In 2012 I founded World Child Cancer USA, a charity dedicated to improving the diagnosis, treatment and care for children with cancer in the developing world. I spent the next two and a half years as the chairman, president and CEO. As I transition the charity to its next leader, I feel compelled to share four critical things I learned along the way. Effectively applying this knowledge will transform your charity, making it more successful and sustainable to better serve your cause.
Together Is Better
The biggest surprise and disappointment I experienced entering the cancer charity space remains the cutthroat competition for fundraising money. How could two organizations dedicated to saving the lives of children be in competition?
I came to learn that raising money is about raising money. If you fundraise in someone else’s backyard for the same cause, it will impact their efforts to raise additional money and they won’t be happy. The bigger your fundraising efforts are, the larger the grants you can compete for.
Instead, charities should ask how their efforts can come together for the good of the cause – how they can leverage each other to deliver even greater results. There should be no competition when it comes to helping others.
One of the first questions my new chairman asked was: “What other existing charities can we bring under our umbrella to help better serve our cause?”
There is power in working together, especially when it comes to charity work.
Charities Have Customers
Whether someone is buying clothing or making a donation to a charity, they behave as a customer. In exchange for money the customer can enjoy a new outfit or help their favorite cause. As customers they need to be valued, engaged and appreciated.
It is amazing to me how many charities miss this point.
A couple years ago I called charities on behalf of a large corporation looking to make a charitable donation. One of my conversations went like this:
ME: “Hello, I am interested in speaking to someone about making a corporate donation.”
CHARITY: “The person you need to speak to is not available, but I can give you her email address.”
I was not offered a time when the person would be available nor did the charity take my contact details to return my call. I was shocked.
When I emailed the woman, she took a week to reply because she was travelling. By then it was too late; my company selected a different charity.
In commercial business, it is foolish to treat a customer offering you their money this way. In the charity world, it is just as foolish. Every call received is a potential donation.
Raising money is hard enough. The last thing you want to do is let donations slip through your fingers. Act like a business. Treat your donors as valued customers.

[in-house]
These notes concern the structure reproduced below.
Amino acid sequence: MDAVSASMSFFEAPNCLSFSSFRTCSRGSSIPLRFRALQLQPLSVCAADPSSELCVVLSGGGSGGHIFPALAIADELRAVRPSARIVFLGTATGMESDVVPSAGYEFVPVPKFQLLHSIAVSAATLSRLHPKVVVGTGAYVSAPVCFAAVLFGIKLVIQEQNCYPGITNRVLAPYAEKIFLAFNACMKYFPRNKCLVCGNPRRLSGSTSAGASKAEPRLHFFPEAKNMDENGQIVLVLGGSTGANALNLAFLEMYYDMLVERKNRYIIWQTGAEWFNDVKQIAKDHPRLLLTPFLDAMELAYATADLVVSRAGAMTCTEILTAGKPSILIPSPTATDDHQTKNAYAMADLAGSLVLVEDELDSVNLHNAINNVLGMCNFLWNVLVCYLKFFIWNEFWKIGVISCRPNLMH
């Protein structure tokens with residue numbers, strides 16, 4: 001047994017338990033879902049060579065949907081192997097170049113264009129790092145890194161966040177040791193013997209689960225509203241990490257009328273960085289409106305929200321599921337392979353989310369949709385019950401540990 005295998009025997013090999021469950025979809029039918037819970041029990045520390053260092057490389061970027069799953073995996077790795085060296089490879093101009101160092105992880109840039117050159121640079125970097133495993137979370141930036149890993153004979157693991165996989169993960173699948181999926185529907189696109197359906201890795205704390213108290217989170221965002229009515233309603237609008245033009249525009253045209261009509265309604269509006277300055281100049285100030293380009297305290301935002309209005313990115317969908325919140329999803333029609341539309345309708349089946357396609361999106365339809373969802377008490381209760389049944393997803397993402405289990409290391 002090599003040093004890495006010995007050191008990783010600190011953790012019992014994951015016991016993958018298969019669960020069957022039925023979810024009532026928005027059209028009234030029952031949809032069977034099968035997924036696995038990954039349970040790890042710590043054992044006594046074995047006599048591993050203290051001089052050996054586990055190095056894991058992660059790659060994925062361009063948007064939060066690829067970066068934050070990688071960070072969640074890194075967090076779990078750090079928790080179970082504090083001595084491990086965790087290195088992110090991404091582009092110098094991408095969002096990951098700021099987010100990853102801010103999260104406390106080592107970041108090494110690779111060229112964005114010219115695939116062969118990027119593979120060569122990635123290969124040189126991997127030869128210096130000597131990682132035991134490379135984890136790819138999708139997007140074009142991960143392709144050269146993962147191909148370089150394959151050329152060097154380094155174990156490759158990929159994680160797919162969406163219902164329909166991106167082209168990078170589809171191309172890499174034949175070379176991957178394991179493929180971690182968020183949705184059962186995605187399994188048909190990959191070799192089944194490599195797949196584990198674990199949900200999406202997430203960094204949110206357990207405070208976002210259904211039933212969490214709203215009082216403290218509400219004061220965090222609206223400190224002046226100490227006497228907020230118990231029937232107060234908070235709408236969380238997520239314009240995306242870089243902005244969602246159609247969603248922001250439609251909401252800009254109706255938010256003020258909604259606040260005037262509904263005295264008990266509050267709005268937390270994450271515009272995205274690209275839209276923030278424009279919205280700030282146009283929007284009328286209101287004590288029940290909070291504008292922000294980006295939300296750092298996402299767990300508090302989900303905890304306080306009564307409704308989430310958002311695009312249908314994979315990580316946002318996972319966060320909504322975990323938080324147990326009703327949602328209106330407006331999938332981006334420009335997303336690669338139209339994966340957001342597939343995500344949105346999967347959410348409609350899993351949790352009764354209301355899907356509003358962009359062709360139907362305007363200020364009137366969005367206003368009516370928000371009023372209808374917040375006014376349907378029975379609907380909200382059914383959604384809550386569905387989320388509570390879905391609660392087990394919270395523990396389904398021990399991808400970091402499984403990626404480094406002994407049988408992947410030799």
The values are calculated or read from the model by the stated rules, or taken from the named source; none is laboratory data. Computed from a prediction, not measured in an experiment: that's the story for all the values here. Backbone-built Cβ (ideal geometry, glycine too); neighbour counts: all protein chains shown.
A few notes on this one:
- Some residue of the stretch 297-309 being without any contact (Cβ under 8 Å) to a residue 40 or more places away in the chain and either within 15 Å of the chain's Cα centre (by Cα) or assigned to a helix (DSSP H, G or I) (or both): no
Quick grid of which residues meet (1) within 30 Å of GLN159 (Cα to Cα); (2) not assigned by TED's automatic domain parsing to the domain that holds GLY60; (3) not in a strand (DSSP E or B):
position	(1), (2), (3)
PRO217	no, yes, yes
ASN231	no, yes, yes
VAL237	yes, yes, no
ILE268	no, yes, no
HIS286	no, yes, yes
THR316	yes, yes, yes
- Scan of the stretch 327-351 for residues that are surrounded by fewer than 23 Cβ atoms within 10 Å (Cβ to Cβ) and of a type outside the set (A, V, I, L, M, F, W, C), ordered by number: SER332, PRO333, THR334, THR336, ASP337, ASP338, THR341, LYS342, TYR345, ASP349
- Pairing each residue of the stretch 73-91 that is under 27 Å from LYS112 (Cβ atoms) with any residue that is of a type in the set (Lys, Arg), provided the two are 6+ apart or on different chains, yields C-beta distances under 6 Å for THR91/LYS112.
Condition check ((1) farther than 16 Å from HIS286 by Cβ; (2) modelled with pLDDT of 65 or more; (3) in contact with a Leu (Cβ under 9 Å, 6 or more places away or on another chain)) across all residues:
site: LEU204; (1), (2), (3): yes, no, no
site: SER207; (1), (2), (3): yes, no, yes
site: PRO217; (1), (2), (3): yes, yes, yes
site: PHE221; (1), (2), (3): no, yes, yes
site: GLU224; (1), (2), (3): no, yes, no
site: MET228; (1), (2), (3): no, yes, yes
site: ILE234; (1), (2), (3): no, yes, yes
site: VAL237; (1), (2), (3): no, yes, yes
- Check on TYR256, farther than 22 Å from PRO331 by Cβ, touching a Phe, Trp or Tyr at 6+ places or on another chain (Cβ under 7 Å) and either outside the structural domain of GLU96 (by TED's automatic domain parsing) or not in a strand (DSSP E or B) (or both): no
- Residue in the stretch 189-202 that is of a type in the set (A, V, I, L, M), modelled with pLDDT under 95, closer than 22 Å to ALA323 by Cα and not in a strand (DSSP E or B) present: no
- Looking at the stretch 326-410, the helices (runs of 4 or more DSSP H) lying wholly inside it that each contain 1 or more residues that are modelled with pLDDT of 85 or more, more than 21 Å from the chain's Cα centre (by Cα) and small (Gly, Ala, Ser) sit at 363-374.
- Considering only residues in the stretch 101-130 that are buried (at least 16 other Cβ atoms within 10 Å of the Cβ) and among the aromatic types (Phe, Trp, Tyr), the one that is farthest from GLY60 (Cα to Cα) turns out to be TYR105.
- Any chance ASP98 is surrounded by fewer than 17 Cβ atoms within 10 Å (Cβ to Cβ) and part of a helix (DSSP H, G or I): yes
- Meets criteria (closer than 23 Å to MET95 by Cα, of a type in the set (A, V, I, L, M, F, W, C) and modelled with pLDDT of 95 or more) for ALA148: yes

Charity Work Takes Time
In addition to overseeing, or in the case of a small charity, managing the day-to-day operations of the charity, board members must set aside time to create and develop relationships and networks. The charity requires these to raise money from donors. The charity must also identify and apply for grants – another time intensive process. Finally, board members must get creative about fundraising campaigns to bring in unrestricted donations – funds that can be spent on sustaining and expanding the charity’s operations, outreach, projects and research at its discretion. A great recent example being the ALS Association’s Ice Bucket Challenge raising $115 million in donations.
Considering time commitment and fundraising challenges, who are the best board members for your charity? Retired individuals who enjoyed successful careers make good ones, as do those with family money who believe in your cause.
Putting together a well-rounded board is also important and beneficial. Former business leaders grant a business perspective to managing the organization and creating well structured short and long-term business plans. Involving community socialites forms a networking capability to expand your reach. And, engaging board members that bring successful fundraising experience and knowledge of charity governance is critical.
Building a charity is a time consuming proposition. In a perfect world you want a board which can devote as much of their time as possible.
I am not saying board members with busy, full-time jobs can’t add a tremendous amount of value – they can. My board has been a perfect example. However, with careers absorbing our attention, time became a barrier to doing more. Also, tapping into an active career network for donations can be problematic.
Charities Need More Than Money
As charities fight to bring in funds to support their cause, they must not forget the larger picture of social change.
In Jeremy Heimans’ TEDxTeen video Aim Higher Than President, he describes something he calls “movement entrepreneurship” – digitally savvy outsiders who create new sources of power by aggregating and mobilizing the voices of many.
Heiman declares that starting a social movement requires three key elements:
1. Using institutional power and not becoming institutionalized – staying nimble with the ability to say no
2. Building a movement that is bigger than any one person
3. Creating a long-term strategy, not one viral YouTube video
It is too easy to fall into the trap of spending all your time chasing money. Instead, if you effectively create social change, the money and resources will follow.
American Express’ Open Forum article, Why You Should Run Your Charity Like A Business sums it up: “Instead of simply throwing money at the problem, philanthropists should think like entrepreneurs and consider social challenges to be an opportunity to create large enterprises.”
Published on Huffington Post, 16th October 2014